With only two months before the end of the school year, if you are like me, you may be thinking about plans for a family vacation. The more people, the more varied the ages and interests of the family members, the more difficult it can be to plan a trip that will be enjoyable for everyone. When traveling with young children, there are many things to consider.
The most successful family vacations, when everyone has a good time, will be those planned keeping the developmental levels and interests of the children in the forefront. While we want to enrich our children and give them a range of experiences, too many and/or too long a period in places that are geared to adults often result in no one enjoying themselves.
- Be sure to consider their short attention span and their need for movement. If you visit museums or historical sites, be sure they have something that will be of interest and understood by the children, and balance them with trips to parks, playgrounds, and other places where the children’s energy can be expended.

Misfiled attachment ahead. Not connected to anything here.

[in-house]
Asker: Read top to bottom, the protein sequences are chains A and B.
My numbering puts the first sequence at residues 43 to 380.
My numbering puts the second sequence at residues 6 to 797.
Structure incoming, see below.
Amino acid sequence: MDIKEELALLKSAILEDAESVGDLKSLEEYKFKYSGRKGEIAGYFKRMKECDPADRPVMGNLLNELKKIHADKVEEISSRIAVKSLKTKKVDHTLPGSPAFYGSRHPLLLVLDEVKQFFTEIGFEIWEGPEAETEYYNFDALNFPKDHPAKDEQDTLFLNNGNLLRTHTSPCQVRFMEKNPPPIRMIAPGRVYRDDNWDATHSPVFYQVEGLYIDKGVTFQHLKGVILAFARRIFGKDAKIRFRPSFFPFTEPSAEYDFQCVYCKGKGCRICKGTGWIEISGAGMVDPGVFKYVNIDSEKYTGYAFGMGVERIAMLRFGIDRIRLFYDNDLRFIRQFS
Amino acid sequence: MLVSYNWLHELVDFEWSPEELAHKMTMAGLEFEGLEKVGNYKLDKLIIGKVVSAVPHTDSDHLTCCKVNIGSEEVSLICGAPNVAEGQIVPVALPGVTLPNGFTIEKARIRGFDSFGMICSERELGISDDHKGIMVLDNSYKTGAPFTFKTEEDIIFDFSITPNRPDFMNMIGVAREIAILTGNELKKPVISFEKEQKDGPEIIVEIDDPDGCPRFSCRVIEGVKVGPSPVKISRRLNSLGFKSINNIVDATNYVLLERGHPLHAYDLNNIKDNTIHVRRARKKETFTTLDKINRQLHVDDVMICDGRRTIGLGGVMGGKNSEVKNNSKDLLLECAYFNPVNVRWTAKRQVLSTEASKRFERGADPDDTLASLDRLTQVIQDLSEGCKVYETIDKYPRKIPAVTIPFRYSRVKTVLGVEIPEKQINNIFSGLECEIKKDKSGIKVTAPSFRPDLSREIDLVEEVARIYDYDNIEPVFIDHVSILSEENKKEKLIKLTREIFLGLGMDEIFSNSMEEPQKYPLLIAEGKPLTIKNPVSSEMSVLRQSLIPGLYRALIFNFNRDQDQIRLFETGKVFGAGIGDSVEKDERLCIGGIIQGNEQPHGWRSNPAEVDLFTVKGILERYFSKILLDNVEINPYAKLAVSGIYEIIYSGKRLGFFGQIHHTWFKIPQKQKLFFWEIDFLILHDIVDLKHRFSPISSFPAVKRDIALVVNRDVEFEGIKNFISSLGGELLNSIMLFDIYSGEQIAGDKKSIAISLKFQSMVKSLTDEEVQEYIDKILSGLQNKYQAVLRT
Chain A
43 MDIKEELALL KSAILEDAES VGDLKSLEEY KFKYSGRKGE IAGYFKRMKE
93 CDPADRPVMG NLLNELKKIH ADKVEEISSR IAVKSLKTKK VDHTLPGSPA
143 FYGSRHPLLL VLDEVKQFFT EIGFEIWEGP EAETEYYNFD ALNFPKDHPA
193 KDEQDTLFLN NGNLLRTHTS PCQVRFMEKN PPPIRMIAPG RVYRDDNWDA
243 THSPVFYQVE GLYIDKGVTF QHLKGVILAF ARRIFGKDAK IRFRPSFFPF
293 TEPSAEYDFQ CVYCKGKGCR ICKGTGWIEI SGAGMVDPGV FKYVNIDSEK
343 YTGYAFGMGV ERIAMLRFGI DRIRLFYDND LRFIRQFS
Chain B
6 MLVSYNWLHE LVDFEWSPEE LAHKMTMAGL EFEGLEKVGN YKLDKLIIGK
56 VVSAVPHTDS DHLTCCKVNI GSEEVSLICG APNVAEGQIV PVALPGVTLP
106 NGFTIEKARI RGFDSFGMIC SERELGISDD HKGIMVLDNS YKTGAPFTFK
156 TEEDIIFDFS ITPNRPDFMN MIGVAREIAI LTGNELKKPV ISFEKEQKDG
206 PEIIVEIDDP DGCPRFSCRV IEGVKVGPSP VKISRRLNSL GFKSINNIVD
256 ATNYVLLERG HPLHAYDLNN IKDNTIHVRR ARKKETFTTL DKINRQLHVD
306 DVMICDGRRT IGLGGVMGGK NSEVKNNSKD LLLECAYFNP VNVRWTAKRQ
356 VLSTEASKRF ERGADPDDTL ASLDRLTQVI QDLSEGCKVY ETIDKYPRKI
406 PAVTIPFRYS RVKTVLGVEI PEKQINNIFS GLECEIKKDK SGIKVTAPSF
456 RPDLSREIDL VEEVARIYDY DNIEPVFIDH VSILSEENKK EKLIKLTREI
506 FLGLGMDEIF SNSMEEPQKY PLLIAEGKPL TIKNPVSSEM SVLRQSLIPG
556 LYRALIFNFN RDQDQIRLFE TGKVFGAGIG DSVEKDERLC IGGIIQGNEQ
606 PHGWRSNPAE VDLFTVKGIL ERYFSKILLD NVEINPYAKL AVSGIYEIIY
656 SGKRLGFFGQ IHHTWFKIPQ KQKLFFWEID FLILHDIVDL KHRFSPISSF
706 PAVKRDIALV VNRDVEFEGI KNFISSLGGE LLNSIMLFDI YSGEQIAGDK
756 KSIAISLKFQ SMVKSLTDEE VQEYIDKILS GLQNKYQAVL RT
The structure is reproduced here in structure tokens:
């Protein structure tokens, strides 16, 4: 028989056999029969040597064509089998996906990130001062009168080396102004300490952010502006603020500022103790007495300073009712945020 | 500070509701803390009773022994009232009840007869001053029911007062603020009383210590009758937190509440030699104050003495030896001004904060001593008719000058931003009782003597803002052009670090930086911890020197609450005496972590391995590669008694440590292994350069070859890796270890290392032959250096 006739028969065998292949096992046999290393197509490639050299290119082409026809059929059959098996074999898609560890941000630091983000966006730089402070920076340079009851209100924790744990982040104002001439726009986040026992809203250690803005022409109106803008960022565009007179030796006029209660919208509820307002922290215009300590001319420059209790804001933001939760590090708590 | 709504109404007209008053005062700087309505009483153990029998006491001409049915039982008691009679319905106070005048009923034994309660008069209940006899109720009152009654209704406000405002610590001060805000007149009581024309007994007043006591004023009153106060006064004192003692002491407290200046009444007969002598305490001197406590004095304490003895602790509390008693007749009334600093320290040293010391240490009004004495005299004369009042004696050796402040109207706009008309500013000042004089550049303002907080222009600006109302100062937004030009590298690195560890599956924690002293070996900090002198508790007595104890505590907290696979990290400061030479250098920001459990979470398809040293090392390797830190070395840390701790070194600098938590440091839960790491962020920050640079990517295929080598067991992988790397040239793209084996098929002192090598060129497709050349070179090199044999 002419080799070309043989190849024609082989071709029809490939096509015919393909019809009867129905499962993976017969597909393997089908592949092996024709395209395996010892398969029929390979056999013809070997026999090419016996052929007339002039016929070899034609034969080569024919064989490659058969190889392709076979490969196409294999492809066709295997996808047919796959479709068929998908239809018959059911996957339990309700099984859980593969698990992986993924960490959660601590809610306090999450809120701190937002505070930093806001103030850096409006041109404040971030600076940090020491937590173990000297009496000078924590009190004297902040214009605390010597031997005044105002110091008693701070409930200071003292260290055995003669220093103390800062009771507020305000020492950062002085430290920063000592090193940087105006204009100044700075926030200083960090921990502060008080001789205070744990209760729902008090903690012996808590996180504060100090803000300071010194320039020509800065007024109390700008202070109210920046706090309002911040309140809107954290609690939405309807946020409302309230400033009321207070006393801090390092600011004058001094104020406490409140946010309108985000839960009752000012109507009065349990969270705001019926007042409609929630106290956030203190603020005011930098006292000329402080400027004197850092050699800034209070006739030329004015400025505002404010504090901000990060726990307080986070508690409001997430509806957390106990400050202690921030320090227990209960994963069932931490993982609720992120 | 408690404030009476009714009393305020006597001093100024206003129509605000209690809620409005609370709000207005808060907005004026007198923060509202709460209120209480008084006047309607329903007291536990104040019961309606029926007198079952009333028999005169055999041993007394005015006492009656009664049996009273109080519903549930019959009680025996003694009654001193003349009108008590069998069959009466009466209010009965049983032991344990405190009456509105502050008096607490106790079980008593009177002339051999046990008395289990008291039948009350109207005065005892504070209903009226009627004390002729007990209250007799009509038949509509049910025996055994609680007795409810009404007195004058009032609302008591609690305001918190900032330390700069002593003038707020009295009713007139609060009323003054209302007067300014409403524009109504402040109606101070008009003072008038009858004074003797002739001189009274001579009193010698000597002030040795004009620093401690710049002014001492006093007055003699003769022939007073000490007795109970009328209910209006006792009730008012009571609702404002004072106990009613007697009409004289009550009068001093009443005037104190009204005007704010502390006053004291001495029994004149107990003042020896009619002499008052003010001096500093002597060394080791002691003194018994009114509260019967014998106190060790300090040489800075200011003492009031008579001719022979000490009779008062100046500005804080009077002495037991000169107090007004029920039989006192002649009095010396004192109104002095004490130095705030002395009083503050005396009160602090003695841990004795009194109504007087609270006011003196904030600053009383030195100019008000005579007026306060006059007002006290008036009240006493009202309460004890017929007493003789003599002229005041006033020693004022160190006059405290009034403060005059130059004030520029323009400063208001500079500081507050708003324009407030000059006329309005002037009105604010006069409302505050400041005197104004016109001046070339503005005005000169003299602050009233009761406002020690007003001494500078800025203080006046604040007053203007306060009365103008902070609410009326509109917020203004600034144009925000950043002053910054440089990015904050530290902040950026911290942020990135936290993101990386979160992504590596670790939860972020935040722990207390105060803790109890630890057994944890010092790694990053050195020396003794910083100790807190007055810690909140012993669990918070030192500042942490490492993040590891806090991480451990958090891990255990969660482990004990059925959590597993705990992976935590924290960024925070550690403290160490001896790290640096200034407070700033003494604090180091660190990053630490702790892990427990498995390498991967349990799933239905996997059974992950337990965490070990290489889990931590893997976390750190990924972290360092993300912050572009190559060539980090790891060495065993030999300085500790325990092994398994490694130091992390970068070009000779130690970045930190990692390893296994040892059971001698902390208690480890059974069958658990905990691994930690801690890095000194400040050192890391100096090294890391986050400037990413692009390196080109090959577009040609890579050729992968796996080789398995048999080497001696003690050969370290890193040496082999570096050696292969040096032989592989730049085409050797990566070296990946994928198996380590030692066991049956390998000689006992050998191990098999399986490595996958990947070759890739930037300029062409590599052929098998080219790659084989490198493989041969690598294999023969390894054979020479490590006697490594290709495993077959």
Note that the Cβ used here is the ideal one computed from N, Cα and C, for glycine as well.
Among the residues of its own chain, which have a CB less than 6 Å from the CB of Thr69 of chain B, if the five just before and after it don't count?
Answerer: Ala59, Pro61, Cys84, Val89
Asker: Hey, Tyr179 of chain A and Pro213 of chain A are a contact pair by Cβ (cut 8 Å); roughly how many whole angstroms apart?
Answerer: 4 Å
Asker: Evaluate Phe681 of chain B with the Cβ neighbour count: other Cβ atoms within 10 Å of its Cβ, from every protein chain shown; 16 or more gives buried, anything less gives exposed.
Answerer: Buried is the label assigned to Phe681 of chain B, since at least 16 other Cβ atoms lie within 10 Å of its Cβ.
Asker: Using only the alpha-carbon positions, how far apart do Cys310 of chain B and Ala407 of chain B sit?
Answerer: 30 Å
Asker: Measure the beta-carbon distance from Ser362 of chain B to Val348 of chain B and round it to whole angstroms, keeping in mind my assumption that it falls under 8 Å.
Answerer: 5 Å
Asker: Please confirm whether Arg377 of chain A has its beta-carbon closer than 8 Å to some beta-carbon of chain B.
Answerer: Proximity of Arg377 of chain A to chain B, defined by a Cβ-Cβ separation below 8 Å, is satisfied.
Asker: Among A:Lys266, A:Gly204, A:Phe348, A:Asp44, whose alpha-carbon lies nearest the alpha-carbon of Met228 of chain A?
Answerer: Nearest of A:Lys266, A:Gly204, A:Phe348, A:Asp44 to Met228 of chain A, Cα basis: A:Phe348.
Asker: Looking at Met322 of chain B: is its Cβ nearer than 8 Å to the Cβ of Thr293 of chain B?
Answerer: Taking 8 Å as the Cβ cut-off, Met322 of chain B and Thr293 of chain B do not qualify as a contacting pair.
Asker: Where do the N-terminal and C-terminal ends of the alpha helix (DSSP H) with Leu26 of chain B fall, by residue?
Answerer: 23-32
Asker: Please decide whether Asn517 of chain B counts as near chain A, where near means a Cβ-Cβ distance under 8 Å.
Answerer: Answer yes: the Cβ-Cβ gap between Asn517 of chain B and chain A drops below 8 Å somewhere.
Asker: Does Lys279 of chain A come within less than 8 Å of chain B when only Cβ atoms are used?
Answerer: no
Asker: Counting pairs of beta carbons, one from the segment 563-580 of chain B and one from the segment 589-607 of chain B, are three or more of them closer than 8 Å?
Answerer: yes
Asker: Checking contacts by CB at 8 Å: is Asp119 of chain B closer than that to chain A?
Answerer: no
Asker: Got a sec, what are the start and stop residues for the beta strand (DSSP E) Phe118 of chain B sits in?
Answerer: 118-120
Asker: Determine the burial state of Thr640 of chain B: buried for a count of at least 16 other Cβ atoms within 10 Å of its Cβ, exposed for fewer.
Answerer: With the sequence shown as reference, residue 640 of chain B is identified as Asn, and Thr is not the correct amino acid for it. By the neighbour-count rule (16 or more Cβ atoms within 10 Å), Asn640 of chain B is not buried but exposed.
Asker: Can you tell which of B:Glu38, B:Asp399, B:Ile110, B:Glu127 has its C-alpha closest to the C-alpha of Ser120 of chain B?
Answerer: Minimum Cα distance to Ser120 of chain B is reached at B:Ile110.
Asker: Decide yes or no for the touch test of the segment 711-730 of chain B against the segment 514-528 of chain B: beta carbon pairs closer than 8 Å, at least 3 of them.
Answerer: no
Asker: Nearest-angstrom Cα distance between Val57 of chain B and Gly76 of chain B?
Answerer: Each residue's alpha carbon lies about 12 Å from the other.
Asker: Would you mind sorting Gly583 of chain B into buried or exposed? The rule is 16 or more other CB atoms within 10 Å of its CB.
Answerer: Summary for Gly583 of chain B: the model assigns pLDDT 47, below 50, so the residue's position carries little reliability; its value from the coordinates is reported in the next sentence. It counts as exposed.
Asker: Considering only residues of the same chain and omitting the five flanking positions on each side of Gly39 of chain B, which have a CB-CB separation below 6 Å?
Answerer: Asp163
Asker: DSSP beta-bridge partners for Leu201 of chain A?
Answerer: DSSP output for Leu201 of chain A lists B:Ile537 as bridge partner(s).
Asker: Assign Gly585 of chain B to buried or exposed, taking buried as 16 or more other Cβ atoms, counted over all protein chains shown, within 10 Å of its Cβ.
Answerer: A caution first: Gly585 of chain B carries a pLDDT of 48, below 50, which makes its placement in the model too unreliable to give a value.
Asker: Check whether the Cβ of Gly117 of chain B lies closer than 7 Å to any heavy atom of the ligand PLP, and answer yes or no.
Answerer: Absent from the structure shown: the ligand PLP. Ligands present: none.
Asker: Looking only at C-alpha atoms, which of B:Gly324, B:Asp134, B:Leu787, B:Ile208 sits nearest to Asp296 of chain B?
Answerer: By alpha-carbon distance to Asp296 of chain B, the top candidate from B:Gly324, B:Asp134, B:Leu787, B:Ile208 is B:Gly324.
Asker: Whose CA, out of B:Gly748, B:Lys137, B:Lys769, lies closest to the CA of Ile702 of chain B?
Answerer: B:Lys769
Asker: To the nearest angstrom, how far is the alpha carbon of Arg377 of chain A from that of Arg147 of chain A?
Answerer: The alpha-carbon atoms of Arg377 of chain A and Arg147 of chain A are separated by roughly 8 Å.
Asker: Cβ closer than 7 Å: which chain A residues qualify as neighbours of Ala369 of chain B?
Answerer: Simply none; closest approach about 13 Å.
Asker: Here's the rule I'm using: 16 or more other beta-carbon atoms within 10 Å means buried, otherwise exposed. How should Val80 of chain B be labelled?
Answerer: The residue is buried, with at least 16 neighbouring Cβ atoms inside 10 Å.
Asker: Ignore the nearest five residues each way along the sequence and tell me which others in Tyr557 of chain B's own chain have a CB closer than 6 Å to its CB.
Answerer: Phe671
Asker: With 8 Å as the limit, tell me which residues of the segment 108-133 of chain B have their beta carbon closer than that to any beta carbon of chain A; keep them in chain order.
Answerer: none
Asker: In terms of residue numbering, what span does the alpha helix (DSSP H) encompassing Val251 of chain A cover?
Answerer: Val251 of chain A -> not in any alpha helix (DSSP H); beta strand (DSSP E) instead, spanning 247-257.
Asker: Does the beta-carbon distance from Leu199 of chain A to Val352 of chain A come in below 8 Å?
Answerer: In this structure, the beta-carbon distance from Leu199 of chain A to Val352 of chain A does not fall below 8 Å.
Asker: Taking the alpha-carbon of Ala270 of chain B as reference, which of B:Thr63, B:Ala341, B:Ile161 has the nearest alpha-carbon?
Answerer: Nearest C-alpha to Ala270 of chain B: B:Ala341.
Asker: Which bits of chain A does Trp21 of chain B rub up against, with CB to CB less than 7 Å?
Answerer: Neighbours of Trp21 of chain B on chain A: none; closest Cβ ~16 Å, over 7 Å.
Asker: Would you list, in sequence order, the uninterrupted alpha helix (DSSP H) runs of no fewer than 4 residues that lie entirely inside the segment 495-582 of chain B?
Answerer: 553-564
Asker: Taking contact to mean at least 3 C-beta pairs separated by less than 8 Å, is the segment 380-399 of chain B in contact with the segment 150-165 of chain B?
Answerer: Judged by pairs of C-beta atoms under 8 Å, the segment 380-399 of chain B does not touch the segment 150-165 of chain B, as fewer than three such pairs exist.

- Also, remember that children do best with a routine, so plan to keep meals and bedtimes as normal as possible. Lack of sleep quickly catches up with them, and tired and/or hungry children are not going to lead to an enjoyable time for them or you.
- Children also do better when they know what to expect, so talk about your itinerary before you begin the trip, and again each evening about the coming day so they know what to expect.
- Children are good travelers, just be sure you bring interesting things to occupy them during driving or flying times and include “downtime” for them to just relax.
- Children like to talk and make observations about what they are seeing, so be sure to engage them in conversation.
It is a great idea to have your child keep a journal of their travel experiences. It allows them to practice some of their drawing and writing skills, as well as to help them remember their adventures or share information about them later.